Though the severe weather season of 2013 will likely become known for its destruction in the southern Plains, the number of tornadoes to occur this year bears a stark contrast to average.
Through Aug. 18, 2013, there have only been 716 preliminary local storm reports of tornadoes in the United States, compared to the 2005-2012 average of 1,221 for the date.
To catch up to the average of those years, 2013 would have to double its current amount by the end of December, but experts say that's not likely.
Preliminary storm report numbers may be higher than actual due to duplicate reports.
"The chance of catching up to normal or average tornado numbers through the end of the year is low," Storm Prediction Center Warning Coordination Meteorologist Gregory Carbin said.
"However, a combination of an increase in tropical cyclone landfalls and the possibility of a late autumn tornado outbreak could turn the curve, so to speak."
According to Carbin, the low number of storms this year is what's keeping the number of tornadoes at bay.
"Since tornadoes require strong shear, the low numbers are a result of a lack of shear and that is tied to the lack of strong/intense weather systems," Carbin said.
Wind shear is the change in direction or speed of wind with altitude. Strong wind shear creates rotation in the atmosphere.
"So, in a sense, the lack of powerful storm systems, especially during the late winter/early spring, is why the tornado numbers are lower than average," he said.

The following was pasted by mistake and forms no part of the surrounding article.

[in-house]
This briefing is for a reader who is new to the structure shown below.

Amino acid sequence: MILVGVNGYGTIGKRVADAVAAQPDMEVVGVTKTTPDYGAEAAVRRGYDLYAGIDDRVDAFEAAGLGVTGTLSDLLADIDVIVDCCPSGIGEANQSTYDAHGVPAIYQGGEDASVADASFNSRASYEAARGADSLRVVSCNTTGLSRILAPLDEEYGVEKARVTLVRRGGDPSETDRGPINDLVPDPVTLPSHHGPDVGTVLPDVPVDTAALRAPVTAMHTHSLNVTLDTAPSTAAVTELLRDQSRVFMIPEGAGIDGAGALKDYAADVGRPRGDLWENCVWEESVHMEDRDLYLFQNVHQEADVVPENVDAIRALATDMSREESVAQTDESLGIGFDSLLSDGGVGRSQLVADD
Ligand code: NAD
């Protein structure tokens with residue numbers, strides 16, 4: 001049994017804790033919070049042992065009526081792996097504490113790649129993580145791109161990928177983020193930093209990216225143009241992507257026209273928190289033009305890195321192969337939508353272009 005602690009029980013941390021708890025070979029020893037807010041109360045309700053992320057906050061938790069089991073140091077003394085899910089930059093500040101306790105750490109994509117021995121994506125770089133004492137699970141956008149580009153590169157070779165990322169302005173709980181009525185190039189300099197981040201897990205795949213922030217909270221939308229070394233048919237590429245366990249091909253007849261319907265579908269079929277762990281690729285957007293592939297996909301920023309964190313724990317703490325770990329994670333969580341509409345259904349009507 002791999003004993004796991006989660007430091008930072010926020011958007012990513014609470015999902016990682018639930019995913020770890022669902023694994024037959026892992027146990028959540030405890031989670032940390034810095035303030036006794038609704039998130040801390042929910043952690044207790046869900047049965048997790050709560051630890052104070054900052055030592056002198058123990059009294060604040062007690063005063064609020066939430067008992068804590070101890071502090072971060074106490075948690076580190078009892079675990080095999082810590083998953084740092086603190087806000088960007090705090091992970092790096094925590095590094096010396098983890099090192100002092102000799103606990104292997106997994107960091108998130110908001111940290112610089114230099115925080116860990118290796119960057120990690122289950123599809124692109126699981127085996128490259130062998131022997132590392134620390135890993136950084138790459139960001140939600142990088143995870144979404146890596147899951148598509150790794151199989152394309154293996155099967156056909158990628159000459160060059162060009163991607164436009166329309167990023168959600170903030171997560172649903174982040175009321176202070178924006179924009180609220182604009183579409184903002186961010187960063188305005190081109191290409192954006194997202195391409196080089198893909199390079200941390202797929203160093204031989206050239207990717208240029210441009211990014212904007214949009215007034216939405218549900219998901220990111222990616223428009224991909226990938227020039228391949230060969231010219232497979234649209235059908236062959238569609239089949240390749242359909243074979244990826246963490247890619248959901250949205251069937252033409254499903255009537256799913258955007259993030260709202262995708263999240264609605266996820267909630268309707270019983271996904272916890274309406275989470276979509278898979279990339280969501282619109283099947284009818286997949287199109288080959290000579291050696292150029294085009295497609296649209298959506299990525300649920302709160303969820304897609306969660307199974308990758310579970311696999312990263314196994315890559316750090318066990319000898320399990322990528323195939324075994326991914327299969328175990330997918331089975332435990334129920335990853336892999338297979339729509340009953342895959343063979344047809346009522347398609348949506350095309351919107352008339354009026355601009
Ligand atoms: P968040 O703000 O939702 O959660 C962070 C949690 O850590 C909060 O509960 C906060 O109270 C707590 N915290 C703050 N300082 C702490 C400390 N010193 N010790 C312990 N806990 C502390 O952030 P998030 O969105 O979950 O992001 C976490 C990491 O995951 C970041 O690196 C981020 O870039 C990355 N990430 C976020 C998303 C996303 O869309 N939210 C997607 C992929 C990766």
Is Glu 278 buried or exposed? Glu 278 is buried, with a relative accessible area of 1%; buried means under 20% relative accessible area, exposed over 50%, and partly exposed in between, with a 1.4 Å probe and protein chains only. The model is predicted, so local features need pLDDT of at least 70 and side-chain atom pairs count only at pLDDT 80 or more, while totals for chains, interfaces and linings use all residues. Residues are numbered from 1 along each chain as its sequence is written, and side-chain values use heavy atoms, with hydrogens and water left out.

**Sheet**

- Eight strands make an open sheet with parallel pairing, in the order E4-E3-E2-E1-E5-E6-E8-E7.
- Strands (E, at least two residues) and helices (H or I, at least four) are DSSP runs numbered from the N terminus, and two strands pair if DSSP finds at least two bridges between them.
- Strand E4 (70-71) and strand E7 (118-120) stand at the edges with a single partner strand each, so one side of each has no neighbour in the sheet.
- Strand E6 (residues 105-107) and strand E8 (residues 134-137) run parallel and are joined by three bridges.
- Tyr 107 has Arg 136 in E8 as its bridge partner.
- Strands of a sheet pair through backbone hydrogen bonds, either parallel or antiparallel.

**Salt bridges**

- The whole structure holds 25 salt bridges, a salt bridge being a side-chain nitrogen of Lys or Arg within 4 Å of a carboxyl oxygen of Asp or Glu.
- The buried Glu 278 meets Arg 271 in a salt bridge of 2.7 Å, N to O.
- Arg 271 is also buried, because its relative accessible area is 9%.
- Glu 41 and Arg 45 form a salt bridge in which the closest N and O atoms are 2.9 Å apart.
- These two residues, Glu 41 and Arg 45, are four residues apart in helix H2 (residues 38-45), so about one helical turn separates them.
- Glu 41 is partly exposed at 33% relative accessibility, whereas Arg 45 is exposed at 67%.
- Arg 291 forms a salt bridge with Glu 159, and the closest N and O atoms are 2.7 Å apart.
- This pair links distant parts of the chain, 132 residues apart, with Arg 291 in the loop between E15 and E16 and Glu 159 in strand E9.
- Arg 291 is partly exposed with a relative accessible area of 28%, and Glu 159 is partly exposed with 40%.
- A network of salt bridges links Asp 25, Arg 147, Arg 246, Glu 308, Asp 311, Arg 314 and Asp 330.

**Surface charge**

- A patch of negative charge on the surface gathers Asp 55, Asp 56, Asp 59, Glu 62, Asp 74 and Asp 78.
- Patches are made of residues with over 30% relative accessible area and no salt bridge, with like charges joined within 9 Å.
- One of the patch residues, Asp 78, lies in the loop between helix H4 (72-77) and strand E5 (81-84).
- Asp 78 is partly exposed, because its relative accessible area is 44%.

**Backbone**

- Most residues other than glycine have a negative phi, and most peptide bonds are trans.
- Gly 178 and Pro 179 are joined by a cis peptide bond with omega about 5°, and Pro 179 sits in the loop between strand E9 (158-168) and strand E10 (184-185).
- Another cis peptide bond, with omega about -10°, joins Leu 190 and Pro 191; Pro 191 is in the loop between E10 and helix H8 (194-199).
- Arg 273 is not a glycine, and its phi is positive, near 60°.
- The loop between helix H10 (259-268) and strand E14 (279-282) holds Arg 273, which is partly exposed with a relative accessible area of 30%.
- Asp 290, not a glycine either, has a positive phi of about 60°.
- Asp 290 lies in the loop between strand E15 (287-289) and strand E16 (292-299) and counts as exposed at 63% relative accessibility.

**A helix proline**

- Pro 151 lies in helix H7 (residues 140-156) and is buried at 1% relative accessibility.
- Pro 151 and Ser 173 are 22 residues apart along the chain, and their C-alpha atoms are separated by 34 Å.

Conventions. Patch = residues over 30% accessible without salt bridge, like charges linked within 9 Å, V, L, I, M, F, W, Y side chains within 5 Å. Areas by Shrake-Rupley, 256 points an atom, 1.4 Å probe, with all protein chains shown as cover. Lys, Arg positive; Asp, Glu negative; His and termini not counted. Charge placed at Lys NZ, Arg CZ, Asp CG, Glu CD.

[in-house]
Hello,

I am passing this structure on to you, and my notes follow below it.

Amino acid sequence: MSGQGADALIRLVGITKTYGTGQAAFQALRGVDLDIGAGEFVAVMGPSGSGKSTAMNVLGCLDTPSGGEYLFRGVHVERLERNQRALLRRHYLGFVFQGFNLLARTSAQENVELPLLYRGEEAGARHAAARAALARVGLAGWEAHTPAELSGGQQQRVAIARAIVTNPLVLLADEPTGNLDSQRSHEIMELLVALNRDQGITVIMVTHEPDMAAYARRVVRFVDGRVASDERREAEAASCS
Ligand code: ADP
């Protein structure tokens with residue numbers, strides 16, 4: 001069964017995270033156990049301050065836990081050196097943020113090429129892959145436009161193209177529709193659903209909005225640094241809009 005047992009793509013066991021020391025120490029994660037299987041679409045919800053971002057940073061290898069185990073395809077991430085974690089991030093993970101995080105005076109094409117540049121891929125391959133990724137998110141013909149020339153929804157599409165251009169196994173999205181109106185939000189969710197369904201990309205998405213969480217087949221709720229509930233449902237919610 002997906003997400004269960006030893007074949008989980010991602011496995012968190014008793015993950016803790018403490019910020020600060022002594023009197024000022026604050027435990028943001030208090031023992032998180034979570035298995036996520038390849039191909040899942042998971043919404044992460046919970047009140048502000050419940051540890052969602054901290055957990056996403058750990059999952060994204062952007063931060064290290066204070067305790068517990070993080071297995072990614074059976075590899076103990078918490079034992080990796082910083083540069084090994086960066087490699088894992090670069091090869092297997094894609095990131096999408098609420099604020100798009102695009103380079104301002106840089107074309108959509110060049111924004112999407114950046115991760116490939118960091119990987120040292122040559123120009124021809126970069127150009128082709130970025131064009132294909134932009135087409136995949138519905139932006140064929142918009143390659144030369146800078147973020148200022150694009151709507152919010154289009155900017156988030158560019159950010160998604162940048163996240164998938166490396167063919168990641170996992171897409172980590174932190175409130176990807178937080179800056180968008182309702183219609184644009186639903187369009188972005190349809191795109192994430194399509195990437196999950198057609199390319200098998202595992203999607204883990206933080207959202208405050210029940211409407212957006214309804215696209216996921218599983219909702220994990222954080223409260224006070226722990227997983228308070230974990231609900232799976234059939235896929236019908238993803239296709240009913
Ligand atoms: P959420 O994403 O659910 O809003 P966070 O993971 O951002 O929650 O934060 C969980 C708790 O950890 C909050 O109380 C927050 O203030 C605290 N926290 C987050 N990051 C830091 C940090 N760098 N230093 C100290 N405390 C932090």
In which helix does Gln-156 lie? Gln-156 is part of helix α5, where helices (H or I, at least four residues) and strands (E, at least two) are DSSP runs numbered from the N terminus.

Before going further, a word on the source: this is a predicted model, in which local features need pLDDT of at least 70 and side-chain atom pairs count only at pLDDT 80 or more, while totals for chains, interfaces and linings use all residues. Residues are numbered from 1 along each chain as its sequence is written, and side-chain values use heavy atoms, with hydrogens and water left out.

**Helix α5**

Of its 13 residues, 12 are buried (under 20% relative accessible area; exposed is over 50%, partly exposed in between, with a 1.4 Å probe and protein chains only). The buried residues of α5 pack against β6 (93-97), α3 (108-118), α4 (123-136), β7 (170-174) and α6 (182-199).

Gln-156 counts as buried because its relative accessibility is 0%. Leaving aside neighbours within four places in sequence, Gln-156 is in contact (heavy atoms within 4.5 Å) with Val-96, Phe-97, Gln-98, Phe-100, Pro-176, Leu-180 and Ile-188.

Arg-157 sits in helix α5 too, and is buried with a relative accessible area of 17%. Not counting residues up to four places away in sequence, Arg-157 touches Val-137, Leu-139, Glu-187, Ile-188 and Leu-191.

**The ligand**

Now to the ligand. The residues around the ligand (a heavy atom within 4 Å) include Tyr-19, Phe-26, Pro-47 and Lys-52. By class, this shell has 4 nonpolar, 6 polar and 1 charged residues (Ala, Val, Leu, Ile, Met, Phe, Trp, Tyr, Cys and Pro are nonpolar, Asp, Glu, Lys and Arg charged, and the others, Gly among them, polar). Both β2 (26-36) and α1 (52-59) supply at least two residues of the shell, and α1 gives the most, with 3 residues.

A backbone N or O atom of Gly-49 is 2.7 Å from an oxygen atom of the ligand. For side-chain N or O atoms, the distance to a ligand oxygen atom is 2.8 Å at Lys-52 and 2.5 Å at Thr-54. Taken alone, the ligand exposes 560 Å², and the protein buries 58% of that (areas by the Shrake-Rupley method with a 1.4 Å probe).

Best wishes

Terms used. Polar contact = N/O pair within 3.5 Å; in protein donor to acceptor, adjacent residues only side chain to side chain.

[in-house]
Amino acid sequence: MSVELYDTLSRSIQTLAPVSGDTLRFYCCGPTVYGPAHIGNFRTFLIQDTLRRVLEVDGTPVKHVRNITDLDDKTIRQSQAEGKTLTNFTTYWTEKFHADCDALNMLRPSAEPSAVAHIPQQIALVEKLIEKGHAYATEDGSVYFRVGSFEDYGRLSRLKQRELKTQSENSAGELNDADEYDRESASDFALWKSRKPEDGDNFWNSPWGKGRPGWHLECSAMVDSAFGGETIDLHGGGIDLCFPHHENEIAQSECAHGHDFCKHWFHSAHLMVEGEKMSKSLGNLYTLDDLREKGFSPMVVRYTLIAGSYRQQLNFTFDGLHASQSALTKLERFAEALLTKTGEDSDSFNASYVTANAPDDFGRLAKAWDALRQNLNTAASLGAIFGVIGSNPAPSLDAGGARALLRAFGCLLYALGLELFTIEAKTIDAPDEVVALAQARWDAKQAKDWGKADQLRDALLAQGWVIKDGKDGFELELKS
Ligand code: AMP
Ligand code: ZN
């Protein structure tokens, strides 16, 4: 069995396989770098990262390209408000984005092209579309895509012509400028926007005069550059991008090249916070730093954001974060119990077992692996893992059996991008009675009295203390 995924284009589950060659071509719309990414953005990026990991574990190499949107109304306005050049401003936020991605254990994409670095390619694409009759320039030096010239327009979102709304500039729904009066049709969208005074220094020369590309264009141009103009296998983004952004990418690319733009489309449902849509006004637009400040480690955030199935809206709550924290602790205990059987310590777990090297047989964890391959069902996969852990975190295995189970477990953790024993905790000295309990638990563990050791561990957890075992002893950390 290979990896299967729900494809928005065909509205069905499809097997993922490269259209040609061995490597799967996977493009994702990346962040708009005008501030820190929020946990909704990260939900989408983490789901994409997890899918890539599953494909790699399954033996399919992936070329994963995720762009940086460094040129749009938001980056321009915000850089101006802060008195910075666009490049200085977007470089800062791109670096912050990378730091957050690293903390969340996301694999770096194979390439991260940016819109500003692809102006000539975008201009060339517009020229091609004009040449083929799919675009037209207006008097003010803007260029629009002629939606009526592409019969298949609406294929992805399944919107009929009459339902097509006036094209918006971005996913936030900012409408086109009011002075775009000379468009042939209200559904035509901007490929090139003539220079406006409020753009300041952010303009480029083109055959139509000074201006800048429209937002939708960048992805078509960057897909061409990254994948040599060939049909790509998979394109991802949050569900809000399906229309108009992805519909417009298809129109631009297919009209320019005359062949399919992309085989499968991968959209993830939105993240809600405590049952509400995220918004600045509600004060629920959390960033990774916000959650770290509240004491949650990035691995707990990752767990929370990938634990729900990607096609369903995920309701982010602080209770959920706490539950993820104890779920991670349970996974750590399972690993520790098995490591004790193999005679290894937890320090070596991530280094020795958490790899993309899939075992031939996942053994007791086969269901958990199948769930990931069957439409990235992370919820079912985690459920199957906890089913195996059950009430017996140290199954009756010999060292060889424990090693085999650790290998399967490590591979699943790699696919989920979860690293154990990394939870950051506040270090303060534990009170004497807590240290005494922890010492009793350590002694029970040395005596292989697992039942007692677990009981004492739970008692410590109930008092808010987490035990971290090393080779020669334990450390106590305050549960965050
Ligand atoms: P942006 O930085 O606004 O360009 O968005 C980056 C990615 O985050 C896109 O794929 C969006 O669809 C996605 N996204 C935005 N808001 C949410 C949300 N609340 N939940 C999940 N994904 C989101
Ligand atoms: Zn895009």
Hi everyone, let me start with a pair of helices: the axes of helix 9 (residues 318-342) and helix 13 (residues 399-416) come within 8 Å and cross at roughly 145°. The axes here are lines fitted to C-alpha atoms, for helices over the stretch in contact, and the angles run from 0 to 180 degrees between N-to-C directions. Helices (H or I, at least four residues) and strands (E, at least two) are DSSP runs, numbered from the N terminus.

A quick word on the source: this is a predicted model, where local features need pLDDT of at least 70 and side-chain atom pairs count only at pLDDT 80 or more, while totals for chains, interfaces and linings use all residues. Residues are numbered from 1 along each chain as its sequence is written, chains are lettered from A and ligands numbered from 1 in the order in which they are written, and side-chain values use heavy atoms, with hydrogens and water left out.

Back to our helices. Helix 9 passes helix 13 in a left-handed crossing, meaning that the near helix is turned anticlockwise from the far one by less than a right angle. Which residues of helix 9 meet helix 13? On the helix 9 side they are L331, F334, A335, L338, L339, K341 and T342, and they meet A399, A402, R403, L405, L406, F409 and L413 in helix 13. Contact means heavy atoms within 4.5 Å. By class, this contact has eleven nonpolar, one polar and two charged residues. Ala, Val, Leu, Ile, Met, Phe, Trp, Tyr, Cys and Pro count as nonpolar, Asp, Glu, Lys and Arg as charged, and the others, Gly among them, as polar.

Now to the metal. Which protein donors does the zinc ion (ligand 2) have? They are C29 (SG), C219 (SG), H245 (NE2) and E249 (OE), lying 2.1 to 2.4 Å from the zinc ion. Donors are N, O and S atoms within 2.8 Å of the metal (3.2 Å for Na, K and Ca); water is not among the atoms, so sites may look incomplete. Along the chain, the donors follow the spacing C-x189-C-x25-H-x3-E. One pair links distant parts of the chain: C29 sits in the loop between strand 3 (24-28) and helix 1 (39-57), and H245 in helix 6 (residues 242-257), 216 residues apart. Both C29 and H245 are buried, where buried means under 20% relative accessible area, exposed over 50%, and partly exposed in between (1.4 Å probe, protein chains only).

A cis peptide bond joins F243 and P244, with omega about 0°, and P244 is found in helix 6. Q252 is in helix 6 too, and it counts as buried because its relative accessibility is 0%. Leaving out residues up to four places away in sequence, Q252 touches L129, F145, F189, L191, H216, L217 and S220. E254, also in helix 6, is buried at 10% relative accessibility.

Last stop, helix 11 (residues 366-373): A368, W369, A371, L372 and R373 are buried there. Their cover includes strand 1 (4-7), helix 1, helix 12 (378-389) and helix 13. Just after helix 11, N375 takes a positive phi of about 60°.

Despite significant tornado events this year such as Moore, Okla., where a massive EF-5 tornado ripped apart nearly everything in its path, it's stronger tornadoes that have been less frequent this year.
Through June 2013, tornadoes rated EF-2 and stronger were running about 37 percent of normal.
Despite the low numbers, 2013 is certainly not the lowest year on record. June of 2013 yielded more than 500 tornadoes. About one-third of the past 60 years have yielded fewer than 500.
Through June, the states showing the greatest below average numbers include Florida and Texas. Oklahoma, Arkansas and Tennessee have seen above average numbers through June.
Regionally, the the northern Plains and Upper Midwest states of South Dakota, Minnesota, Iowa and Illinois were running below average.
A powerful storm will bring disruptive weather from Spain to France and Italy for Christmas Day.
As California heads into its third consecutive dry winter with no relief in sight, firefighters continue to battle a late-fall blaze in Big Sur.
After several days of unseasonable warmth, bitter cold and rounds of snow will continue to spread across the Western and Central states into this weekend.
Similar to the days prior to Thanksgiving, the worst weather will focus on the days prior to Christmas as millions of travelers take to the roads and skies in the U.S. and southern Canada.
An abrupt and abnormal cold wave gripped parts of southeastern Texas in early December, catching many off-guard, including two native Southern California bobcats recently transferred to the area.
Warm air is forecast to surge into much of the eastern half of the nation by the weekend and will be accompanied by heavy rain and flooding risk in some locations.
Central Illinois (1836)
Famous "Sudden Change" in central Illinois. Cold front at noon caused quick drop from 40 degrees to zero.
International Falls, MN (1989)
Low of -34 + high of -21. Wind chill between 60 + 70 below.
Atlantic Ocean (1984)
Hurricane Lili northeast of Puerto Rico. Only the 6th tropical storm in December since 1886.